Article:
Midnight Cowboy was controversial when it was first released, with some critics calling it a masterpiece and other claiming that the film was a symbol of America’s cultural and moral decay.  It went on to become the first and only X-rated film to win Best Picture.  Midnight Cowboy‘s victory over films like Hello Dolly! and Anne of the Thousand Days was seen as a sign that mature and adult-themed films could actually find both acclaim and an audience.  Midnight Cowboy‘s success helped to bring Hollywood into the modern era.  For many, it was also responsible for establishing New York as being the dirty and heartless city that would appear in so many of the films that followed.  Indeed, there’s many different lessons that one can take from Midnight Cowboy but the main one seems to be that everyone should stay the heck out of New York.  Seen today, Midnight Cowboy is no longer all that shocking and director John Schlesinger occasionally seems to be trying too hard to establish his auteur credentials.  But the film’s story still remains effective, as do the lead performances of Hoffman and Voight.  Though being very much a film of its time, Midnight Cowboy is still watchable today.  It’s not only an effective film but it’s also a milestone in Hollywood history.

As for Shooting Midnight Cowboy, it tells you pretty much everything you need to know about both the film and the controversy that has surrounded it over the years.  Starting with the novel that was written by James Leo Herlihy, Shooting Midnight Cowboy meticulously follows the production of the film, exploring not only how both Voight and Hoffman came to star in the film but also how these two very competitive actors came together to create an unforgettable portrait of an unlikely friendship.  It also explores everything from director John Schlesinger’s efforts to bring his vision to life to the concerns that mainstream audiences would refuse to see the film because of its adult context to the writing of the film’s famous theme song, Everybody’s Talkin’.  Perhaps the most harrowing chapter deals with the ordeal that Jennifer Salt suffered through while playing the small role of Joe Buck’s Texas girlfriend, Annie.  Shooting Midnight Cowboy puts the movie into its proper historical and cultural context, showing how the film commented on the issues of the time while also telling a story that remains effective even when viewed outside of the 60s.  It makes for an interesting and informative read, for both the film lover and the cultural historian.

Novel Review: Oath of Office by Steven J. Kirsch

Last week, I returned to exploring my aunt’s old collection of paperback books and I read Oath of Office, a political thriller that was originally published way back in 1988.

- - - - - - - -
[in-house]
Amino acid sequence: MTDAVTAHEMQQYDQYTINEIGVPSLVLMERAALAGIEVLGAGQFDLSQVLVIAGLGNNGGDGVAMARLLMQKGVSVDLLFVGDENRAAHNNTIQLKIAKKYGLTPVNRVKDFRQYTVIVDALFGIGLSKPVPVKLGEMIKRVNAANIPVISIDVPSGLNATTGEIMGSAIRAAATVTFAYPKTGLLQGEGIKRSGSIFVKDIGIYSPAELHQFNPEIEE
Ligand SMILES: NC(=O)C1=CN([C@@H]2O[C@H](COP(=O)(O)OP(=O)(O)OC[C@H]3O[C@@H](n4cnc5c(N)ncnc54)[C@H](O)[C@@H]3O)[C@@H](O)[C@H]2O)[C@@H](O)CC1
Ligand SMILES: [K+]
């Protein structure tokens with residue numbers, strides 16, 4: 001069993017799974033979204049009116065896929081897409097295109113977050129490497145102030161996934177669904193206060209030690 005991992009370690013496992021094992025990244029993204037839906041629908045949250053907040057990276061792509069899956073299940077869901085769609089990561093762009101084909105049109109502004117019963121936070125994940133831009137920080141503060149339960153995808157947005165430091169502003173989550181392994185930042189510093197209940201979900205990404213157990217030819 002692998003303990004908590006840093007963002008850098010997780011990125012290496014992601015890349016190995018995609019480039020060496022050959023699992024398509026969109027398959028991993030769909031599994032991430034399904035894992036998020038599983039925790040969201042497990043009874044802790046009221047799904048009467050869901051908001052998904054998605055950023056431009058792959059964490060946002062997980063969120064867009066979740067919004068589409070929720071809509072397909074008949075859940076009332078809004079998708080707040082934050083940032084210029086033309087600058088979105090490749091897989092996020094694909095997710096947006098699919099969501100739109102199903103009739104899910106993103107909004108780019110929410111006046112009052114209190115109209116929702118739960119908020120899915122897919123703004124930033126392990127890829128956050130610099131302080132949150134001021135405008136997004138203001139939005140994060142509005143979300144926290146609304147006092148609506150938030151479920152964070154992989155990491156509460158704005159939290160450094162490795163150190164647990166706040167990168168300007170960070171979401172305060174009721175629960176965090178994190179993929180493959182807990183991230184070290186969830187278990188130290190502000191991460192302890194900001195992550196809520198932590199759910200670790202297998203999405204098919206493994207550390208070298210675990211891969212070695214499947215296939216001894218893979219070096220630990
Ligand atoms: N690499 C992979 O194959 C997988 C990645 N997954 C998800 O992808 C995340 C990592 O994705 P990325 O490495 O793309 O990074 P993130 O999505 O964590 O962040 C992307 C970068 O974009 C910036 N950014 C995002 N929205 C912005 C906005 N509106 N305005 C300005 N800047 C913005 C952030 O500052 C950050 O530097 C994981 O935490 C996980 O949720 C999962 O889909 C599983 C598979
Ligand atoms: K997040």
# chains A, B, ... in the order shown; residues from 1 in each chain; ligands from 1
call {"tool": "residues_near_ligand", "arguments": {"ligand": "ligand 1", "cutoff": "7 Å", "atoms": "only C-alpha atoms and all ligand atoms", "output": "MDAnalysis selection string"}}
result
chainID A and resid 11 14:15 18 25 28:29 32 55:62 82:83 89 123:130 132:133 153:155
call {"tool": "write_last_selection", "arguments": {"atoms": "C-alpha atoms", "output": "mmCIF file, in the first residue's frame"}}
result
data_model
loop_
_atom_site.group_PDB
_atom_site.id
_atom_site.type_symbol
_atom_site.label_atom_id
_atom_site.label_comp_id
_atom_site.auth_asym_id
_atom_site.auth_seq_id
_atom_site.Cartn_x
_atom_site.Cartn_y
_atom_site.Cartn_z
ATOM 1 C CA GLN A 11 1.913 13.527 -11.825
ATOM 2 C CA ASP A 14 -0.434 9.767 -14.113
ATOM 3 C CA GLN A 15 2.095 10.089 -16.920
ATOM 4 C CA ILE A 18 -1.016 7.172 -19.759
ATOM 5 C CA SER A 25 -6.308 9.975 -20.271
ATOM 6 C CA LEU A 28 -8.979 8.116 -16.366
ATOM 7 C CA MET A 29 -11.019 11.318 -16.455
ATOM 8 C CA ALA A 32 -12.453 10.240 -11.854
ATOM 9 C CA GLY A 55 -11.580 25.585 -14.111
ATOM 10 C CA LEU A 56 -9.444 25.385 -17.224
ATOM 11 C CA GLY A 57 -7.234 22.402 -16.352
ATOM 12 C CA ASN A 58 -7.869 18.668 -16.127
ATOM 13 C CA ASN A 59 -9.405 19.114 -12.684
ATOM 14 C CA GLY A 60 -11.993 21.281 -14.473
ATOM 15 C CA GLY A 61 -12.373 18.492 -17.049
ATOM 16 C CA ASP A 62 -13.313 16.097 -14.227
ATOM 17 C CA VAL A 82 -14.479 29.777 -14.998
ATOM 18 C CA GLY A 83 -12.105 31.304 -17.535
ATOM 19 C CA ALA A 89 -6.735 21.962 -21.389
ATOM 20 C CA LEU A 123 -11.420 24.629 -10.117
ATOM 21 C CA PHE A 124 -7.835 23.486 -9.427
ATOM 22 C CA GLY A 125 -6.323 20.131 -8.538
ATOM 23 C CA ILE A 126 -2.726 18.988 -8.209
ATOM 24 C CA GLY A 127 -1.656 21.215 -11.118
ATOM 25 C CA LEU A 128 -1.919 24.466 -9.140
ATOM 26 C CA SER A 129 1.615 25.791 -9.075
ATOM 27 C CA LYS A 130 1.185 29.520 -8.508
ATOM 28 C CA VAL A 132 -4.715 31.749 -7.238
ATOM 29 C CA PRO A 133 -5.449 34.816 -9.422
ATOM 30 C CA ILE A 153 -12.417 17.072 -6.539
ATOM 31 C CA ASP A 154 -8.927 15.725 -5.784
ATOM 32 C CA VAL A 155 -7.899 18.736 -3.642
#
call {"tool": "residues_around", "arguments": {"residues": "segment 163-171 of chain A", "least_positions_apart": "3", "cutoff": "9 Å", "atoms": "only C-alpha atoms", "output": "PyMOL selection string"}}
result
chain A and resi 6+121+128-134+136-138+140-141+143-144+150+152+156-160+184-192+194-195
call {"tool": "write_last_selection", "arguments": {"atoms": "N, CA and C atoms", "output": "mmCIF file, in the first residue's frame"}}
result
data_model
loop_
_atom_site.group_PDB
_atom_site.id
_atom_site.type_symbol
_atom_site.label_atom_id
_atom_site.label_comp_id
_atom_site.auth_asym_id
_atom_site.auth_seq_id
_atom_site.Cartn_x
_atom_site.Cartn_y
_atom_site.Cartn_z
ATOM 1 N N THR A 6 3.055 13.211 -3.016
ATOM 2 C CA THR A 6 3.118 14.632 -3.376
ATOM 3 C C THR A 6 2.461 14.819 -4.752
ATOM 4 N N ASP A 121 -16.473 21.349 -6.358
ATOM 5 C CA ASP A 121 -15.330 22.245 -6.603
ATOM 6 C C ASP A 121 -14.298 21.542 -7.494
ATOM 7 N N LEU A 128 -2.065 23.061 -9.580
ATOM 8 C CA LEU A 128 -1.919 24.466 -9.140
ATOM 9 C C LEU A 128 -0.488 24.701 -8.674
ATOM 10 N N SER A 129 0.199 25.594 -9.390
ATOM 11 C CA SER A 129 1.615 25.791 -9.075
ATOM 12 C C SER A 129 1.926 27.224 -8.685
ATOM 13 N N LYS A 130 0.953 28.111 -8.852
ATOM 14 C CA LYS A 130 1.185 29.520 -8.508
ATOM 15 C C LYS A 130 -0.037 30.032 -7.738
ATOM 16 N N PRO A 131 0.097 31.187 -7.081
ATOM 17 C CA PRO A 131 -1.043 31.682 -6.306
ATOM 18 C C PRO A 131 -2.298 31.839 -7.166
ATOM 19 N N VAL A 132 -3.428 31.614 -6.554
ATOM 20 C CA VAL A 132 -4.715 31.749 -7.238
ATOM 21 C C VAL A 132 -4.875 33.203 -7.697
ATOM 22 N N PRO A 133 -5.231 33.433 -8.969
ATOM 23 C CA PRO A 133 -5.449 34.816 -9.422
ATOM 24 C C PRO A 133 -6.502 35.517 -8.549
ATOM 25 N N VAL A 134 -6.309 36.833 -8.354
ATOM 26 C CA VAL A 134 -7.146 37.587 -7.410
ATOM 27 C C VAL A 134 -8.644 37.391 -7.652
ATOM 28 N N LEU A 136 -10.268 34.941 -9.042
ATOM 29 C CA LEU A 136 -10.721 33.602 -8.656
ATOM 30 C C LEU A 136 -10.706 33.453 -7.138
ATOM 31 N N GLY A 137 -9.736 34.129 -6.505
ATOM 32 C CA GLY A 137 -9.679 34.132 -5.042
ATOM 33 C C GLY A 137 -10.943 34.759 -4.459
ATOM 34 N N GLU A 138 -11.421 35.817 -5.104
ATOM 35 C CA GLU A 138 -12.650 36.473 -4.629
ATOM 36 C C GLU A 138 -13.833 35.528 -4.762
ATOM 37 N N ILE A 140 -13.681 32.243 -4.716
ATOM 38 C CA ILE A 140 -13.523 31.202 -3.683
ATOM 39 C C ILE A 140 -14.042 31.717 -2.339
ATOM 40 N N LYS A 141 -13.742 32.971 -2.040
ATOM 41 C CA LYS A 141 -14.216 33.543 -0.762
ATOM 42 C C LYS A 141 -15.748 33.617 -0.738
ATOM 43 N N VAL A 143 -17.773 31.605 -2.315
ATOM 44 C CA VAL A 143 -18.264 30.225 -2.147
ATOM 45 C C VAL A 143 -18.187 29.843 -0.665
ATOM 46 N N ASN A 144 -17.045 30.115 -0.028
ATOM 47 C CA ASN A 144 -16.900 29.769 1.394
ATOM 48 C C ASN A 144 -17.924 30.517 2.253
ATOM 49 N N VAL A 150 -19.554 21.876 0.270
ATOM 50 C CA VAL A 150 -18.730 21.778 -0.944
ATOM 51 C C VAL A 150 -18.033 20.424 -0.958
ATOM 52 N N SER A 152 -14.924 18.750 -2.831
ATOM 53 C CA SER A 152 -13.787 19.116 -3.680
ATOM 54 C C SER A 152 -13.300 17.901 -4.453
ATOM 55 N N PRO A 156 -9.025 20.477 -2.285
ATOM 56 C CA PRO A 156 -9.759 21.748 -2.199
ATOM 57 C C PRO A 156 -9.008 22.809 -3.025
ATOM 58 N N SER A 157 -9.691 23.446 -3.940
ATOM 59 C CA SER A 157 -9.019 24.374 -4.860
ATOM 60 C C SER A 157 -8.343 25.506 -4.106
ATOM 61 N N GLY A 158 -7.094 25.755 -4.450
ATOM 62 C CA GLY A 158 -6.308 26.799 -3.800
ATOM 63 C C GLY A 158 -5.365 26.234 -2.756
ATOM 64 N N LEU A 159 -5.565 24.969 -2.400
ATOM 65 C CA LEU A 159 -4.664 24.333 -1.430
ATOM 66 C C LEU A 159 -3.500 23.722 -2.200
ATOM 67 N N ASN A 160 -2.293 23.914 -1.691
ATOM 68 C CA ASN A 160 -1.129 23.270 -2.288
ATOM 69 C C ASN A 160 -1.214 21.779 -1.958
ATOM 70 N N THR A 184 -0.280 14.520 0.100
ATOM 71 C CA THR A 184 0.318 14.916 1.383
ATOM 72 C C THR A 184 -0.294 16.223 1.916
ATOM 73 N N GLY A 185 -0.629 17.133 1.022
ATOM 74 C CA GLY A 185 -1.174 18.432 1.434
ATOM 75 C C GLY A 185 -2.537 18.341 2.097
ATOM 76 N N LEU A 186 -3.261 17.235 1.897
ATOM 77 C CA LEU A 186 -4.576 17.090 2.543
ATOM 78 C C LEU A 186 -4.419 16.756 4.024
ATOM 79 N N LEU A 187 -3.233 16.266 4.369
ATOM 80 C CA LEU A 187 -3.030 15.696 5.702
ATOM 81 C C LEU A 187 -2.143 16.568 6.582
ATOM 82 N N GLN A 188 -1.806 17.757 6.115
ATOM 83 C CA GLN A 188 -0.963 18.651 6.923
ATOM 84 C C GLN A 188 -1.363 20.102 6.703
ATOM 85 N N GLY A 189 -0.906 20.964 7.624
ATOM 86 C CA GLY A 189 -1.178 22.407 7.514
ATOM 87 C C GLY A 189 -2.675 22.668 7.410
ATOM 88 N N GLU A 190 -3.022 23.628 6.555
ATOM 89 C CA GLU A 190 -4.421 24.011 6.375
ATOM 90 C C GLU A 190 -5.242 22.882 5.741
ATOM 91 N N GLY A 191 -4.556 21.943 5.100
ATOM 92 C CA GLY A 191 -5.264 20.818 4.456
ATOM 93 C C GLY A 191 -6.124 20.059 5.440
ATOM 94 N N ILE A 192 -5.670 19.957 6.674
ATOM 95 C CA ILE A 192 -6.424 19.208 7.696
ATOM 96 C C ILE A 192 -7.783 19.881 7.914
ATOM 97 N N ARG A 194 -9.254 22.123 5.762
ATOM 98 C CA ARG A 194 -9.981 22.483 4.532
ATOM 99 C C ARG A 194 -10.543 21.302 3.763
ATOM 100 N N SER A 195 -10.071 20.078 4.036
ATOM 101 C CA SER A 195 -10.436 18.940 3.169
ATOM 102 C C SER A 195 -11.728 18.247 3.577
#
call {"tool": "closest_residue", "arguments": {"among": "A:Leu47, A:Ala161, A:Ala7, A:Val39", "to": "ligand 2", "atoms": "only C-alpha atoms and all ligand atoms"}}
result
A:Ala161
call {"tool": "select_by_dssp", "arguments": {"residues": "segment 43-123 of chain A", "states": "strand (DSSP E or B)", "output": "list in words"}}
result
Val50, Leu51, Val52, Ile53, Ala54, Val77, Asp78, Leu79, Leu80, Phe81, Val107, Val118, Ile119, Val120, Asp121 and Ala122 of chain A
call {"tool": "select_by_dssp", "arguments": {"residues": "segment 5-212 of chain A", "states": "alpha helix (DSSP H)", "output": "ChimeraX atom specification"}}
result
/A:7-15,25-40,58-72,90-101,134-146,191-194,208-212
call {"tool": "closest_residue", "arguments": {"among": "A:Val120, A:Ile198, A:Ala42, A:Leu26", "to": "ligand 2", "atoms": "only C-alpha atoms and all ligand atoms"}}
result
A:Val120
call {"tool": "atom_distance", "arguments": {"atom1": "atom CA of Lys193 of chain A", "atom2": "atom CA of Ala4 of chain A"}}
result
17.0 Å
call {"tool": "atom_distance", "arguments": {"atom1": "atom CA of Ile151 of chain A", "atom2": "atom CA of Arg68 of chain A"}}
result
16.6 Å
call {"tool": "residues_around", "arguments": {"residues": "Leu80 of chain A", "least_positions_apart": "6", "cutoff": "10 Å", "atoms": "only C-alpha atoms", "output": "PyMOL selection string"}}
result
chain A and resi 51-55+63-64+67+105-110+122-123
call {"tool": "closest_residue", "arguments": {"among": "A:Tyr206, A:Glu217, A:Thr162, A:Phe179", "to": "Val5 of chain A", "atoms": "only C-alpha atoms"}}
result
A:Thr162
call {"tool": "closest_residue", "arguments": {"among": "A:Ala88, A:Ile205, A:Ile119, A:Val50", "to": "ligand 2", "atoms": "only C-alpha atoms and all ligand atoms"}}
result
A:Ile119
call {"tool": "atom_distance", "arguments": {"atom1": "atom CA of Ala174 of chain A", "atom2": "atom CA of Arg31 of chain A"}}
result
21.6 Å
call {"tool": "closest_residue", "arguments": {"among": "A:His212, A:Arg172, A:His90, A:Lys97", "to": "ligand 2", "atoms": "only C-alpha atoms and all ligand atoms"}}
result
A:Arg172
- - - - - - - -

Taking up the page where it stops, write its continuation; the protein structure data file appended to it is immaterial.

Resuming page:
U.S. Sen. Jonathan Starr has just been elected to the presidency of the United States of America.  As the first Jewish person to win the presidency, Starr is set to make history as soon as he’s sworn in.  However, there’s a problem.  Starr’s been kidnapped!  The morning after his upset victory, Starr finds himself in the trunk of a car and later confined to a cell.  With no knowledge of who has kidnapped him or what his ultimate fate is going to be, Starr can only wait and have numerous flashbacks to the events that led to him winning the presidency.

Meanwhile, the man that Starr defeated, President Sutherland, is trying to figure out who is behind the kidnapping.  Was Starr abducted by the Russians?  Or perhaps the kidnapping is the work of one of the Middle Eastern terrorist groups who is trying to thwart Sutherland’s efforts to bring peace to region?  Maybe it’s the senator from Texas whose dialogue consists of stuff like, “Ah’ve been workin’ on this deal …. we’ll git it through befo’ the election.”  (That’s an actual quote from the book, by the way.  It seems like it would have been simpler just to say that the man had an accent but some writers just have to be cute about things.)  There’s a lot of possibilities but we know that Starr’s kidnapping was masterminded by an imprisoned mobster, largely because the book tells us early on.  I personally would have dragged out the suspense but no matter!

While secret service agent Andy Reynolds is trying to track Starr down, the Speaker of the House is plotting to take power for himself.  He and his people have come across what they believe to be a loophole in the Constitution, which will keep the electoral college from being able to vote for either Starr or his running mate.  In which case, the Speaker will automatically become president as soon as the incumbent’s term expires.  So, yes, this is another political thriller where the plot largely hinges on a reading of the Constitution that any halfway experienced attorney would easily be able to shoot down.

As you can probably guess, this book has its flaws.  According to the blurb on the back, this was the author’s first novel and I have no idea if he ever wrote a second one.  There are a lot of points in the story that don’t ring true, especially in the flashbacks to Starr’s early political career and the author has a bad habit of telling us things as opposed to showing them.  And, of course, there’s that terrible attempt to capture the Texas accent.  Don’t even get me started on that. 

That said, the idea behind the book is an interesting one.  Only two people of Jewish descent have ever been nominated by a major political party.  Barry Goldwater was an Episcopalian while Joseph Liebermann found himself being opposed by the anti-Semites in his own party.  Of course, neither one of those men made it to the White House.  Oath of Office does make an attempt to seriously consider the challenges that would face the first Jewish president and it’s also honest about how anti-Semitism is a prejudice that is often overlooked by even those who brag about their progressive credentials.  As I said, the book has an interesting idea but the plot just keeps getting in the way.

Novel Review: Scarface by Armitage Trail

First published in 1930, Scarface tells the story of Tony Guarino.  Tony was an 18 year-old hoodlum, working his way through the Chicago rackets.  Unfortunately, for Tony, he started to draw too much attention from the cops and his gangster boss told Tony to stop hanging around so much.  Miffed, Tony decided to join the Army.